That was until around age 17 when I began to wonder which version was the real me. Was I actually the devout Christian who struggled with compromise, or was I slowly emerging from immaturity into a reasoning man who had no need for fairy tales?

This was right around the time of the rise of the New Atheists. New Atheists, unlike your “ordinary” atheist, don’t just merely disbelieve in God. They also see squashing all religious belief as necessary to the advancement of the human race. While most atheists are content to let other people believe what they will and extend a measure of tolerance, New Atheism had no intent on extending such courtesy. New Atheism explicitly existed for the purpose of freeing mankind from archaic belief in an imaginary sky fairy, and needed to succeed in this quest at all cost, because the survival and flourishing of our species depended upon it.

And so here I was in my late teens, experiencing the existential crisis that every person does sooner or later, confronted head on with a cultural movement that attacked the very foundation I stood upon. For the first time in my life I realized that I believed Christianity was true only because I had been told by everyone around me that it was so. Most of the people I looked up to were believers. They all agreed with me that I was on the right track and needed to rescue others from their lost condition. But it struck me one day that I did not believe Christianity was true for any reason of my own. I was simply riding on the coattails of confidence that other people had in their own faith.

The New Atheists presented a challenge. The “four horsemen” as some have called them—Richard Dawkins, Christopher Hitchens, Sam Harris, and Daniel Dennett—began writing books, doing interviews, and posting lectures online that mounted to a full-on assault of religious belief. Never before had I been presented with arguments so direct, so articulate, and so menacing for the atheistic view. I used to think atheists just buried their heads in the sand and ignored the obvious…but now I was being presented with reasons why religious belief is a joke. And these reasons were ones that I had no answer for. I was shaken to my core.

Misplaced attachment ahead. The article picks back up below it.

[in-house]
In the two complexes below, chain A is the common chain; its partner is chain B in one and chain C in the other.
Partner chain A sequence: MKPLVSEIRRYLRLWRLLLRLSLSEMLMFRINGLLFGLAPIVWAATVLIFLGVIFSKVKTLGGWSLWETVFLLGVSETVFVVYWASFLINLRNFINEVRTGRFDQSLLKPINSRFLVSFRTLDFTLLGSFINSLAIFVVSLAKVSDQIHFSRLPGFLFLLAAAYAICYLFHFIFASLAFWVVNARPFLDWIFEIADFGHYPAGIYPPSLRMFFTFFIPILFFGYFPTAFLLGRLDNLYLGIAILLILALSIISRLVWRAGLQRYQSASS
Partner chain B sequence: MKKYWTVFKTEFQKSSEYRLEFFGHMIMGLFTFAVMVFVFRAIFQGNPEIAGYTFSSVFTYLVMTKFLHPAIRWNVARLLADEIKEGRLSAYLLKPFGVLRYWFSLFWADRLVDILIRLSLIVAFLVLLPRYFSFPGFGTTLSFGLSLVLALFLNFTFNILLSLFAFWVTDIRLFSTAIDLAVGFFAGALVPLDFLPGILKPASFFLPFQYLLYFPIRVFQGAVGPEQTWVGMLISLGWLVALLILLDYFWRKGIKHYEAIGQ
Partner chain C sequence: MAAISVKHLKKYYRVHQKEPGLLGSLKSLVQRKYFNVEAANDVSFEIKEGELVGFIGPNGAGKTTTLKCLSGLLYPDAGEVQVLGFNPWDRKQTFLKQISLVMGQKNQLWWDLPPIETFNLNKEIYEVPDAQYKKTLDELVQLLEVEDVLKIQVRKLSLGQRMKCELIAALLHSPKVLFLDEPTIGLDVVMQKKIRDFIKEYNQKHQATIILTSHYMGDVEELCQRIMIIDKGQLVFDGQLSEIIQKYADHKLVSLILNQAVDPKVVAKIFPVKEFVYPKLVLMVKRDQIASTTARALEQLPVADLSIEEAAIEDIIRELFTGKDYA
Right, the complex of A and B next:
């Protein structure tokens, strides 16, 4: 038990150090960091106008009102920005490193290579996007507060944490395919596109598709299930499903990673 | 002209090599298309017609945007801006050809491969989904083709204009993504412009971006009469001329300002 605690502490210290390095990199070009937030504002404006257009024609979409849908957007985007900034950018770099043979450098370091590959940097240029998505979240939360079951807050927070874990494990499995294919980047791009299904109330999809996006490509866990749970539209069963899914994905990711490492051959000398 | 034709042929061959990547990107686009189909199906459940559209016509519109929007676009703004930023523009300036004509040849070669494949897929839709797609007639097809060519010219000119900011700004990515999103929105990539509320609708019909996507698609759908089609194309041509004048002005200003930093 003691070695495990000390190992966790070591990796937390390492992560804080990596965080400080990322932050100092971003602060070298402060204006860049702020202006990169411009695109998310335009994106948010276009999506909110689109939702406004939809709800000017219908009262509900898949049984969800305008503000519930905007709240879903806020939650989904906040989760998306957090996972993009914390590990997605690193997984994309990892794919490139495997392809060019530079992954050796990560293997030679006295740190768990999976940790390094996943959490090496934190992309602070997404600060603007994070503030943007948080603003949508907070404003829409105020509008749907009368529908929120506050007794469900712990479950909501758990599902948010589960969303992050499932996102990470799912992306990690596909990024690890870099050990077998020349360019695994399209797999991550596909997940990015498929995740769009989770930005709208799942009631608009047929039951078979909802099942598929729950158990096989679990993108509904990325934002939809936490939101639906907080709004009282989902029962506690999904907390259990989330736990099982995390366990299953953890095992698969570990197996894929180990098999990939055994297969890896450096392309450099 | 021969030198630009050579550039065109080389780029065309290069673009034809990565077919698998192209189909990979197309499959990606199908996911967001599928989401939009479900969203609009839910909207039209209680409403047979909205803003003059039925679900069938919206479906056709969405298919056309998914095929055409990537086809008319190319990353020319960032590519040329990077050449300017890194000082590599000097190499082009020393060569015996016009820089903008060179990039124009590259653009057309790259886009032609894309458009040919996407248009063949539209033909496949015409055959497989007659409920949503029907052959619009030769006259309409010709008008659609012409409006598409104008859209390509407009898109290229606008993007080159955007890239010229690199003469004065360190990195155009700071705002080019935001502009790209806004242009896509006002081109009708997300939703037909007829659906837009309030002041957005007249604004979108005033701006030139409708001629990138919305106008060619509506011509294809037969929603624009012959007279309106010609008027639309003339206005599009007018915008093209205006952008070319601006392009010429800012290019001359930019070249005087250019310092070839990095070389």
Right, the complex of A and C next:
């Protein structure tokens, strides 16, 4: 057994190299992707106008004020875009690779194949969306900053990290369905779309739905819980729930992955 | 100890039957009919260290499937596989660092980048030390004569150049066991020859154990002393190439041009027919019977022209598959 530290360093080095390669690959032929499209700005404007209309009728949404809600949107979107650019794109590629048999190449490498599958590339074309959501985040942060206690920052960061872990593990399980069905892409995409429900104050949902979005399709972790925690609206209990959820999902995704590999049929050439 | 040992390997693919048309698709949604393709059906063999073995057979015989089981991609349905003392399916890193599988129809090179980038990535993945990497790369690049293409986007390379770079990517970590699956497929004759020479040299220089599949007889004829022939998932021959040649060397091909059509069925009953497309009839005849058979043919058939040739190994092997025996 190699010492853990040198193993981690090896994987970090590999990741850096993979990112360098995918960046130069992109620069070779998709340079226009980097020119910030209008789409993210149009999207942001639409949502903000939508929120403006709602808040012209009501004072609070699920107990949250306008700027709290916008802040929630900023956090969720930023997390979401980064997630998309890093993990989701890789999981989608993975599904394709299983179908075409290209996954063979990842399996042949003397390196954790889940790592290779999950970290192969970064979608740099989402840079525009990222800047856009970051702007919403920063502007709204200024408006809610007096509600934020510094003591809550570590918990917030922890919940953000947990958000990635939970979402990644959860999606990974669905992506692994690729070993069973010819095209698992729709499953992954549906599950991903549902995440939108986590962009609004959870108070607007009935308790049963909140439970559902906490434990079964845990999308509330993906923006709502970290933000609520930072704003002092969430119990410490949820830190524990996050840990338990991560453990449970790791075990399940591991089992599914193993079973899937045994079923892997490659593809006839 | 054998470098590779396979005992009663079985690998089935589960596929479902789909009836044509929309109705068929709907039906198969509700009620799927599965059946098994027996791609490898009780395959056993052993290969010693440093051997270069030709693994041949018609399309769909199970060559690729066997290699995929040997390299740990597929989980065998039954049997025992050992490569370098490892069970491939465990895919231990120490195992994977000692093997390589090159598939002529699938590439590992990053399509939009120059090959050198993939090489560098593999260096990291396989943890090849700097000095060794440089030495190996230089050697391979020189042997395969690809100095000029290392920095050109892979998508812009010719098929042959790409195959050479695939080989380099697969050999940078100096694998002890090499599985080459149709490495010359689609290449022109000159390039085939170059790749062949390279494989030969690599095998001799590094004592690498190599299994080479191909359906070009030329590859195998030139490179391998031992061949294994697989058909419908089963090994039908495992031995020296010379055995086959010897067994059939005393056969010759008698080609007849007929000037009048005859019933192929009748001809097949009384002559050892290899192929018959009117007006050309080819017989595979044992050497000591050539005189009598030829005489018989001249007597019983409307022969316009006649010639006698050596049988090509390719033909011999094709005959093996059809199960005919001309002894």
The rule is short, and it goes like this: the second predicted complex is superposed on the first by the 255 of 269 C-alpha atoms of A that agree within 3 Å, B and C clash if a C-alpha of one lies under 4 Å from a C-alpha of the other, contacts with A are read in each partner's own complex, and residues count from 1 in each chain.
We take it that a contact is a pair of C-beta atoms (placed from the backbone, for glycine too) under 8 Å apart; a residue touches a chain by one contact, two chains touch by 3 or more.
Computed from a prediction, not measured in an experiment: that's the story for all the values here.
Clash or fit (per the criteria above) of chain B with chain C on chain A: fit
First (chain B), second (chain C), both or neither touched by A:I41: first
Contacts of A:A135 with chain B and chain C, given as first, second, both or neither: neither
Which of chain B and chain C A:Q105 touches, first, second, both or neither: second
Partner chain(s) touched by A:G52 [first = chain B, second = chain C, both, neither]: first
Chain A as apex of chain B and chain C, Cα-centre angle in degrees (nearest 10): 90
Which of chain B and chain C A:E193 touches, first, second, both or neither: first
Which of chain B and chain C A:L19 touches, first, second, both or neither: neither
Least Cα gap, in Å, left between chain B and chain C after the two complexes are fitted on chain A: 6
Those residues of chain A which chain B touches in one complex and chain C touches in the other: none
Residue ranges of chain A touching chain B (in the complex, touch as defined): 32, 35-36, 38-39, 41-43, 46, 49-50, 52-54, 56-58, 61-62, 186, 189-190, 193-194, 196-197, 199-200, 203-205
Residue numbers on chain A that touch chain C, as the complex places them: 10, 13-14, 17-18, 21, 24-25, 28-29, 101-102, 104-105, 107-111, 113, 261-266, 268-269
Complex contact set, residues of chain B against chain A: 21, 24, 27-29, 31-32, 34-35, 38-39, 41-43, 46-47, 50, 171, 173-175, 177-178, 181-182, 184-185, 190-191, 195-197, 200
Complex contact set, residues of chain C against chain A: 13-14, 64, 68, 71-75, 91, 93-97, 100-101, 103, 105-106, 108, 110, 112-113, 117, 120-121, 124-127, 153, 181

Statements that packed a punch sent me reeling, dazed and confused. Things like:

“The God of the Old Testament is arguably the most unpleasant character in all fiction: jealous and proud of it; a petty, unjust, unforgiving control-freak; a vindictive, bloodthirsty ethnic cleanser; a misogynistic, homophobic, racist, infanticidal, genocidal, filicidal, pestilential, megalomaniacal, sadomasochistic, capriciously malevolent bully.” (Richard Dawkins)

Or,

“On the subject of religious belief, we relax standards of reasonableness and evidence that we rely on in every other area of our lives. We relax so totally that people believe the most ludicrous propositions, and are willing to organize their lives around them.” (Sam Harris)

Again,

“We keep on being told that religion, whatever its imperfections, at least instills morality. On every side, there is conclusive evidence that the contrary is the case and that faith causes people to be more mean, more selfish, and perhaps above all, more stupid.” (Christopher Hitchens)

Lastly,

“To put it bluntly but fairly, anyone today who doubts that the variety of life on this planet was produced by a process of evolution is simply ignorant—inexcusably ignorant, in a world where three out of four people have learned to read and write.” (Daniel Dennett)

Titles like The God Delusiongod is Not Great, and The End of Faith all declared with such certainty that I was foolish to believe what I grew up believing. Their contents provided pages upon pages of scathing rebuke for the vileness of religion, God, and belief in the Bible. The message was clear: only idiots or complete sociopaths believe this stuff, and the rest of the world is moving forward. Either join us or be left behind. 

I was left with some serious problems that needed reconciling. I did not want to be duped into believing something that wasn’t true. I did not want to have blind faith. I did not want to cling to religion or God, even if it offered comfort in the midst of tragedy. I needed to discover for myself if what I believed had any rational, scientific, historic, or philosophical backing to it. I needed to find solid answers for big questions.

I set myself to pursuing the truth. As much as I could, I tried to take an honest look at the arguments from both sides with an open mind. In all honesty, I was ready to walk away from Christianity if that’s what the results of my findings demanded I do. I refused to any longer follow a belief system without being able to provide a convincing rationale for doing so. I needed to find a worldview that made sense of the universe and was grounded in reality.